KOSZALIN: Polish officials have shut down 13 escape room sites over safety issues after five teenage girls were killed in a fire.
Firefighter chief Leszek Suski says the escape room at a private house in the city of Koszalin where the girls died had no emergency evacuation route.
The 15-year-olds had been celebrating a birthday when they died on Friday, locked inside a room.
Firefighters found their bodies after they extinguished a fire next to the locked room.
Post-mortem examinations showed the girls died of carbon monoxide inhalation.
Police chief Jaroslaw Szymczyk said other people had previously posted critical remarks online about the safety of that escape room site, but local officials were not notified.
The 28-year-old who runs the site has been detained and will be questioned, Szymczyk said.
His employee, who suffered burns in the fire, will also be questioned.
Prime Minister Mateusz Morawiecki spoke after holding a meeting in which officials discussed ways to improve safety at entertainment venues. He called the teenagers’ deaths an “immense tragedy”.
Since Friday, more than 200 of Poland’s some 1100 escape rooms have been checked, revealing a number of safety flaws that needed to be immediately fixed.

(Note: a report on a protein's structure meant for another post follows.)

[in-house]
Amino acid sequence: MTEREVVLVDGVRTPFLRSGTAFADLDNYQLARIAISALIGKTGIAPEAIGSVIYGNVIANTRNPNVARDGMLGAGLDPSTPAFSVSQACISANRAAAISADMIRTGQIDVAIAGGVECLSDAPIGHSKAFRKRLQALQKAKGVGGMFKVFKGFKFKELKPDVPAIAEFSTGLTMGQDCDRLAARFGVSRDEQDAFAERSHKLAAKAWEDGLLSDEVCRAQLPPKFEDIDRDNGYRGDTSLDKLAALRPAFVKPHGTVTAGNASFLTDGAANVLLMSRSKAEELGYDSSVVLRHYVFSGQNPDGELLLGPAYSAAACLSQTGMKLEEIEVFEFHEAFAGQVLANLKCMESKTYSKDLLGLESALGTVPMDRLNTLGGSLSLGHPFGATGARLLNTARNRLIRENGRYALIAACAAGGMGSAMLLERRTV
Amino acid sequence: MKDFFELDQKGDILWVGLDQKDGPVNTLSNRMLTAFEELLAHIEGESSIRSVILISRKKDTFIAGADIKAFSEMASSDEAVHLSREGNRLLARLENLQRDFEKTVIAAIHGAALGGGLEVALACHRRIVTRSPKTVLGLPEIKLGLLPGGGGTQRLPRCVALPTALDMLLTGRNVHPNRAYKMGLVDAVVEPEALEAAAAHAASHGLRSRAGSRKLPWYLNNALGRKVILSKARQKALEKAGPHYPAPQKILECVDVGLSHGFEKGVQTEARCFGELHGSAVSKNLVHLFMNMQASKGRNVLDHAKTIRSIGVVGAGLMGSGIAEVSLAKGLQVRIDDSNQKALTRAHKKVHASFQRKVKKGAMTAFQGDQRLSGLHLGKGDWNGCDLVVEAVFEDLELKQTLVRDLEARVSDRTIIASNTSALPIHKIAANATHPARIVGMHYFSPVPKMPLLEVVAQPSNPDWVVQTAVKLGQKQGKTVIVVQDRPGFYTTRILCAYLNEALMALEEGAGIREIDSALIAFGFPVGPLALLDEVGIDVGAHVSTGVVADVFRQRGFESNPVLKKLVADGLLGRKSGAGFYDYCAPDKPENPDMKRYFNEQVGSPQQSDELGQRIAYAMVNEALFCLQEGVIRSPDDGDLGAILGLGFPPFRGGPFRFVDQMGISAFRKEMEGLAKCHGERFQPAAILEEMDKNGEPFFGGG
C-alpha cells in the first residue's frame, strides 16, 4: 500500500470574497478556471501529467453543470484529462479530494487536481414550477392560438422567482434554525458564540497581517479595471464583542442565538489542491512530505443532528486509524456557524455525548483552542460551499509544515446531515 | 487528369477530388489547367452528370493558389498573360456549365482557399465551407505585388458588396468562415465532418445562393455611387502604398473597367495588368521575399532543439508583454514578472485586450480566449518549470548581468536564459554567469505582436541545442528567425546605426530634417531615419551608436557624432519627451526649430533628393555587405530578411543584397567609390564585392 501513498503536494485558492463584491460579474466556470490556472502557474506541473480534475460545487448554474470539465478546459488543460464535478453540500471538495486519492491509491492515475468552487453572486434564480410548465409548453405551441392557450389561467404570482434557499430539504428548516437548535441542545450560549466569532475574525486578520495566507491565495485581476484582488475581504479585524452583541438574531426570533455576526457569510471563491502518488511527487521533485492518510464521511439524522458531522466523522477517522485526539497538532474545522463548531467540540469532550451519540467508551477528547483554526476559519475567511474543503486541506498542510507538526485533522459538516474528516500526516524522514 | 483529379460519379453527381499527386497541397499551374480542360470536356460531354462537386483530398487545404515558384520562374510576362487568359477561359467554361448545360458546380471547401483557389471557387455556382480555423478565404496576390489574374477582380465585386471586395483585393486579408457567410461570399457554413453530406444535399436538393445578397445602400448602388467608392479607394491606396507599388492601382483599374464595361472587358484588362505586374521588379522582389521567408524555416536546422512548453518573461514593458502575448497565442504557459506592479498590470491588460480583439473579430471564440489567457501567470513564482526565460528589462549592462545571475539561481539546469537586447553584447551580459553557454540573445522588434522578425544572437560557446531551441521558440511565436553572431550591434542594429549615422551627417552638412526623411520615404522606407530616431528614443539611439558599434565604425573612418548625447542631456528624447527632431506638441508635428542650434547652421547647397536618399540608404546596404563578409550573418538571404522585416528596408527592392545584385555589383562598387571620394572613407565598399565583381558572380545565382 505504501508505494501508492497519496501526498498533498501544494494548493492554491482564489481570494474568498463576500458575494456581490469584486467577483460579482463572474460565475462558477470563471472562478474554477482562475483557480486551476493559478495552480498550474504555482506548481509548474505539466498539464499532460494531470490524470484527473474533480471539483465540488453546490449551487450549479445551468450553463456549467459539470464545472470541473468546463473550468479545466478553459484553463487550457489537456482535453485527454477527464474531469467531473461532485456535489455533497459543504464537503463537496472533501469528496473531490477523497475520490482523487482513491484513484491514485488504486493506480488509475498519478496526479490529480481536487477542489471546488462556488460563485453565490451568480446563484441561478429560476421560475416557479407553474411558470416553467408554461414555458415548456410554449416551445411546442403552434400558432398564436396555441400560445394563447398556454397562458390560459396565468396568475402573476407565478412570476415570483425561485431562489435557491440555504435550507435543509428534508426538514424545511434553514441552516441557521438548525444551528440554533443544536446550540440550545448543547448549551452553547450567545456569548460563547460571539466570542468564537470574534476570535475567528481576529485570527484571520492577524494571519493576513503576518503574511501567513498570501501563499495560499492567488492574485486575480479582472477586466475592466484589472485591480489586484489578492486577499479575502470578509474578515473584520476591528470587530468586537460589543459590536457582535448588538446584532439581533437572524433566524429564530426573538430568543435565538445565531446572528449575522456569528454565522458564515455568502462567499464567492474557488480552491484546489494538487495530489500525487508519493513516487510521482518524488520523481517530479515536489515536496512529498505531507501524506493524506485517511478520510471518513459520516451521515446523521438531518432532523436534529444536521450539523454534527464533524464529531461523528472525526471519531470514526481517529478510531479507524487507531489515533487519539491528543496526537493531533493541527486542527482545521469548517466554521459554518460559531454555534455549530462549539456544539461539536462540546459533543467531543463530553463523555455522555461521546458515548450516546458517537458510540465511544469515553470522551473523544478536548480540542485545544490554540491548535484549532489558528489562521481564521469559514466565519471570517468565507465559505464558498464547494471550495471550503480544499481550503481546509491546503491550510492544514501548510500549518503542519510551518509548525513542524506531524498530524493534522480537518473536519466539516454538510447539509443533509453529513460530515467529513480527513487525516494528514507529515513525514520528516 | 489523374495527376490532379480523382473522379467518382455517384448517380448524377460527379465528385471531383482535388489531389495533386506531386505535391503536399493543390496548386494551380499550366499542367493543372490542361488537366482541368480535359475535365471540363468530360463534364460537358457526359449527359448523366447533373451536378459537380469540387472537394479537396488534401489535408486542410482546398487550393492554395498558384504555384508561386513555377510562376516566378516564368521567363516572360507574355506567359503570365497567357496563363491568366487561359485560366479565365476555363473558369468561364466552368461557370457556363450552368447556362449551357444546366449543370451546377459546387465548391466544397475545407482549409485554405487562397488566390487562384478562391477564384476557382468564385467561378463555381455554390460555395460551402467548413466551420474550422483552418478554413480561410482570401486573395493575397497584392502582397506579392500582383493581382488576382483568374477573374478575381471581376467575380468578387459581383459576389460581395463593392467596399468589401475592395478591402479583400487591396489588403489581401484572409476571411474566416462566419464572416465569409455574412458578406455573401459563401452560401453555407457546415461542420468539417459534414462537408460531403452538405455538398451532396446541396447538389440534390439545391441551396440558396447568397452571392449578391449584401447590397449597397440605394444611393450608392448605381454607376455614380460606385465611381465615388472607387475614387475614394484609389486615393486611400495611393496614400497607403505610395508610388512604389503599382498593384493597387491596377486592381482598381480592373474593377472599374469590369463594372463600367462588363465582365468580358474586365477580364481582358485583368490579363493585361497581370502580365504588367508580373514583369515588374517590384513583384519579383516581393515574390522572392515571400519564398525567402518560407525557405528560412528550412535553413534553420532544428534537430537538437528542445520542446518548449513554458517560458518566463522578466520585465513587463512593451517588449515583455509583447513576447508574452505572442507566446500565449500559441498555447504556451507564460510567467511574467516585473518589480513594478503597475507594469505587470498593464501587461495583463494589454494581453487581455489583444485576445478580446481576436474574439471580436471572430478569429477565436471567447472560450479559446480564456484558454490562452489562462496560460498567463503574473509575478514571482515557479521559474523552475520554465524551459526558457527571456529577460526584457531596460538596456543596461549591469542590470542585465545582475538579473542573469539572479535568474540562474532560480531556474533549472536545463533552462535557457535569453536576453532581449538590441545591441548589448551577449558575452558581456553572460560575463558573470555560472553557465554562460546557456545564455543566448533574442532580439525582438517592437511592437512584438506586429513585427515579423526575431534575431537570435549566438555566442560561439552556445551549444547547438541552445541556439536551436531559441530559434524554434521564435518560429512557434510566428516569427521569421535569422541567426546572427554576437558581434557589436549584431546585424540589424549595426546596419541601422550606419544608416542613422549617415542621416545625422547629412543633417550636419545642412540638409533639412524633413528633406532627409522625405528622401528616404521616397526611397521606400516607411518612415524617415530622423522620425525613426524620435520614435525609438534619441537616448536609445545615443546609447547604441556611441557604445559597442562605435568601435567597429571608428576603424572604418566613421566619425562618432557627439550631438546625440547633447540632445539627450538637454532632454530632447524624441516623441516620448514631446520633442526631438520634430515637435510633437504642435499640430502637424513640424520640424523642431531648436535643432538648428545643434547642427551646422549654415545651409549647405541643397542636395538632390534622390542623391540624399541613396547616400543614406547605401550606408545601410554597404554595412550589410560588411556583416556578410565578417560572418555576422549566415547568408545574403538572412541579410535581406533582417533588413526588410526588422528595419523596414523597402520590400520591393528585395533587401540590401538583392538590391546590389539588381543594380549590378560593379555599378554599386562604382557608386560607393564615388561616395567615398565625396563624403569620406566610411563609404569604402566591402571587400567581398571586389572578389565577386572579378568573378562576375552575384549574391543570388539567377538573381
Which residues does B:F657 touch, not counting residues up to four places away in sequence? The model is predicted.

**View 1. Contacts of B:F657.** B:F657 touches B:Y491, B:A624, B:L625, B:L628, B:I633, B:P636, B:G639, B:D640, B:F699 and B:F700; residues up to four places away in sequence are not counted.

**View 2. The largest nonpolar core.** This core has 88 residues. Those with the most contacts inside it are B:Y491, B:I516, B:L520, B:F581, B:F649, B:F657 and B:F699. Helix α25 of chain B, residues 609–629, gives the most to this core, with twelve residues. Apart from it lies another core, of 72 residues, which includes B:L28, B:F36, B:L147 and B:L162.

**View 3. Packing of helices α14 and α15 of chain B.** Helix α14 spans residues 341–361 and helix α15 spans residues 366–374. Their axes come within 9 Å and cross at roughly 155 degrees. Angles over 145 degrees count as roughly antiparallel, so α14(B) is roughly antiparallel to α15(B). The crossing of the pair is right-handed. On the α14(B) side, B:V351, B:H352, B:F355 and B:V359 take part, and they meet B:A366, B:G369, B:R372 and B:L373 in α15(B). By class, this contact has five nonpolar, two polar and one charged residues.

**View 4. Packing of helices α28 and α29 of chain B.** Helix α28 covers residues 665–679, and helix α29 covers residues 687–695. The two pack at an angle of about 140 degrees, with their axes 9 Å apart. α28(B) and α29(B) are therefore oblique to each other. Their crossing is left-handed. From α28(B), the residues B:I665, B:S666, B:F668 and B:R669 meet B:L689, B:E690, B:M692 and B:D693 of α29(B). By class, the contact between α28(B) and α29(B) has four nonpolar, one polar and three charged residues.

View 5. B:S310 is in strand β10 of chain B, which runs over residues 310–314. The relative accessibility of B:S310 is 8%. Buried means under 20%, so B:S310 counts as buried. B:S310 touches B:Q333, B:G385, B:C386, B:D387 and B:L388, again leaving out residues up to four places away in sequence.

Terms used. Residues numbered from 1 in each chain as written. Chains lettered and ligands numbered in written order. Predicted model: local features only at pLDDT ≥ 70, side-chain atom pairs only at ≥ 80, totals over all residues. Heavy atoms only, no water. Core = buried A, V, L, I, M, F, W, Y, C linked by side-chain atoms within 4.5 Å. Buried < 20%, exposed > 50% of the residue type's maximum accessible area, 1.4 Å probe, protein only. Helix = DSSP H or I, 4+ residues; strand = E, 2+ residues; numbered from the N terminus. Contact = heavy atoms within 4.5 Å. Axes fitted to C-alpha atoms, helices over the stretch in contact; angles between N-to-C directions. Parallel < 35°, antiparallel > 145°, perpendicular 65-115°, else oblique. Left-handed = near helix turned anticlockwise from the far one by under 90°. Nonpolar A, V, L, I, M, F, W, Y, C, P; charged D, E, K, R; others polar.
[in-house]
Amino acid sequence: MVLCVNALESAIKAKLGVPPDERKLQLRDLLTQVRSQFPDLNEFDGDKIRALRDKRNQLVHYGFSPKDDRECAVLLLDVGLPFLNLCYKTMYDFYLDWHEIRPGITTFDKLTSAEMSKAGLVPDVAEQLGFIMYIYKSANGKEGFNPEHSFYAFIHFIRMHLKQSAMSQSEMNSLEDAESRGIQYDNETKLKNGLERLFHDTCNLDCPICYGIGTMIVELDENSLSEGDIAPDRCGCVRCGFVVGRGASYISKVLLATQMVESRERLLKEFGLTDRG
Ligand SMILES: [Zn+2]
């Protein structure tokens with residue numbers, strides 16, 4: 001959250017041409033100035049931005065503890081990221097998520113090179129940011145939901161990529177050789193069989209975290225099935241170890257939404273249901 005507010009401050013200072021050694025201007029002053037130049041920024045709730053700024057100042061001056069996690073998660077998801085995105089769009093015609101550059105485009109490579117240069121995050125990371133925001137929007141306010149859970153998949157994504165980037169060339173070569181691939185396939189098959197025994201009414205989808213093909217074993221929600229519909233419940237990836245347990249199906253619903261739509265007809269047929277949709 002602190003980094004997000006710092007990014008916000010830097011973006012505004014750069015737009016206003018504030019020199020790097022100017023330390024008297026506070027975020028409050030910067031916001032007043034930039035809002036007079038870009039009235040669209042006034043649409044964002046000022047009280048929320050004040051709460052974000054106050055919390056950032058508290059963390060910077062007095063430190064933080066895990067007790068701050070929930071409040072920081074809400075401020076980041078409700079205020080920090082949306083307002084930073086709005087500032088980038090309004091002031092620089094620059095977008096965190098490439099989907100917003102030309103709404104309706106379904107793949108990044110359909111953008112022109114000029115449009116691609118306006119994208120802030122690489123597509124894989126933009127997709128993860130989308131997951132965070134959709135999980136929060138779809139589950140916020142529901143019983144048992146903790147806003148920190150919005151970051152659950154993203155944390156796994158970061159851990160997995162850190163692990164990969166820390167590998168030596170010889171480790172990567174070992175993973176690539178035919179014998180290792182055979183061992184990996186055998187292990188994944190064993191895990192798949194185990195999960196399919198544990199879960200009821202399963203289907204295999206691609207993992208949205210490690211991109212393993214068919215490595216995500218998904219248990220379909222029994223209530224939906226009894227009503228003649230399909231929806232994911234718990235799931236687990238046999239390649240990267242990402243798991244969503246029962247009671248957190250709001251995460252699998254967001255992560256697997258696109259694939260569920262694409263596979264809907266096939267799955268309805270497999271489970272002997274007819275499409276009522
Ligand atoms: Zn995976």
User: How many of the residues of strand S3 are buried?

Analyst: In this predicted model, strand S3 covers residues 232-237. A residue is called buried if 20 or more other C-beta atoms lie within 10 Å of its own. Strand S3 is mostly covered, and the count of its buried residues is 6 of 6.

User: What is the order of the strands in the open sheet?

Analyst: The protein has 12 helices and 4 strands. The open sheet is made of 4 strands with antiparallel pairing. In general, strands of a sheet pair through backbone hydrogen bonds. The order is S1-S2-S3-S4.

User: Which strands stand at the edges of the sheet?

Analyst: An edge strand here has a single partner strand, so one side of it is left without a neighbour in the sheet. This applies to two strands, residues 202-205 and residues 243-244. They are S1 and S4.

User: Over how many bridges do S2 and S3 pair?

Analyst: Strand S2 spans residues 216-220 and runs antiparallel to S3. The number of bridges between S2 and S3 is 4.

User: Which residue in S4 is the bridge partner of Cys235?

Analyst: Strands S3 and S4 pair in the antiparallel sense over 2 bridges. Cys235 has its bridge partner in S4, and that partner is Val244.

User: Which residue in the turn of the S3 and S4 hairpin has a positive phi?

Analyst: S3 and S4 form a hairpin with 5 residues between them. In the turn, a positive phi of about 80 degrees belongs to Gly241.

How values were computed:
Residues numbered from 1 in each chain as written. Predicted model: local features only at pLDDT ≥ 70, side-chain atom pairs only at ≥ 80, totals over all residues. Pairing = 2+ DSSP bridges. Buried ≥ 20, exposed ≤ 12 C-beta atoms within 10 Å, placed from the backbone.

Players in escape room games are locked inside a room or building and must solve puzzles and find clues that lead them to the key that will unlock the door.
Regarded as an intellectual challenge, the games are highly popular among teenagers in Poland.
The escape room craze began in Hungary in Budapest’s dilapidated buildings about ten years ago, according to The independent, and has swept the world and gained popularity even in the US.
The idea behind escape rooms is to assemble a team of up to five people (in the US the trend is towards up to 10 people) who are locked in a room for an hour and can only get out if they solve a sequence of puzzles and treasure hunts that lead them to a key.
The games are interactive, adrenaline-inducing and potential bonding exercises for friends.
“It isn’t about who gets out first, or even if you get out in time,” says Budapest local Attila Gyurkovics, who pioneered the concept.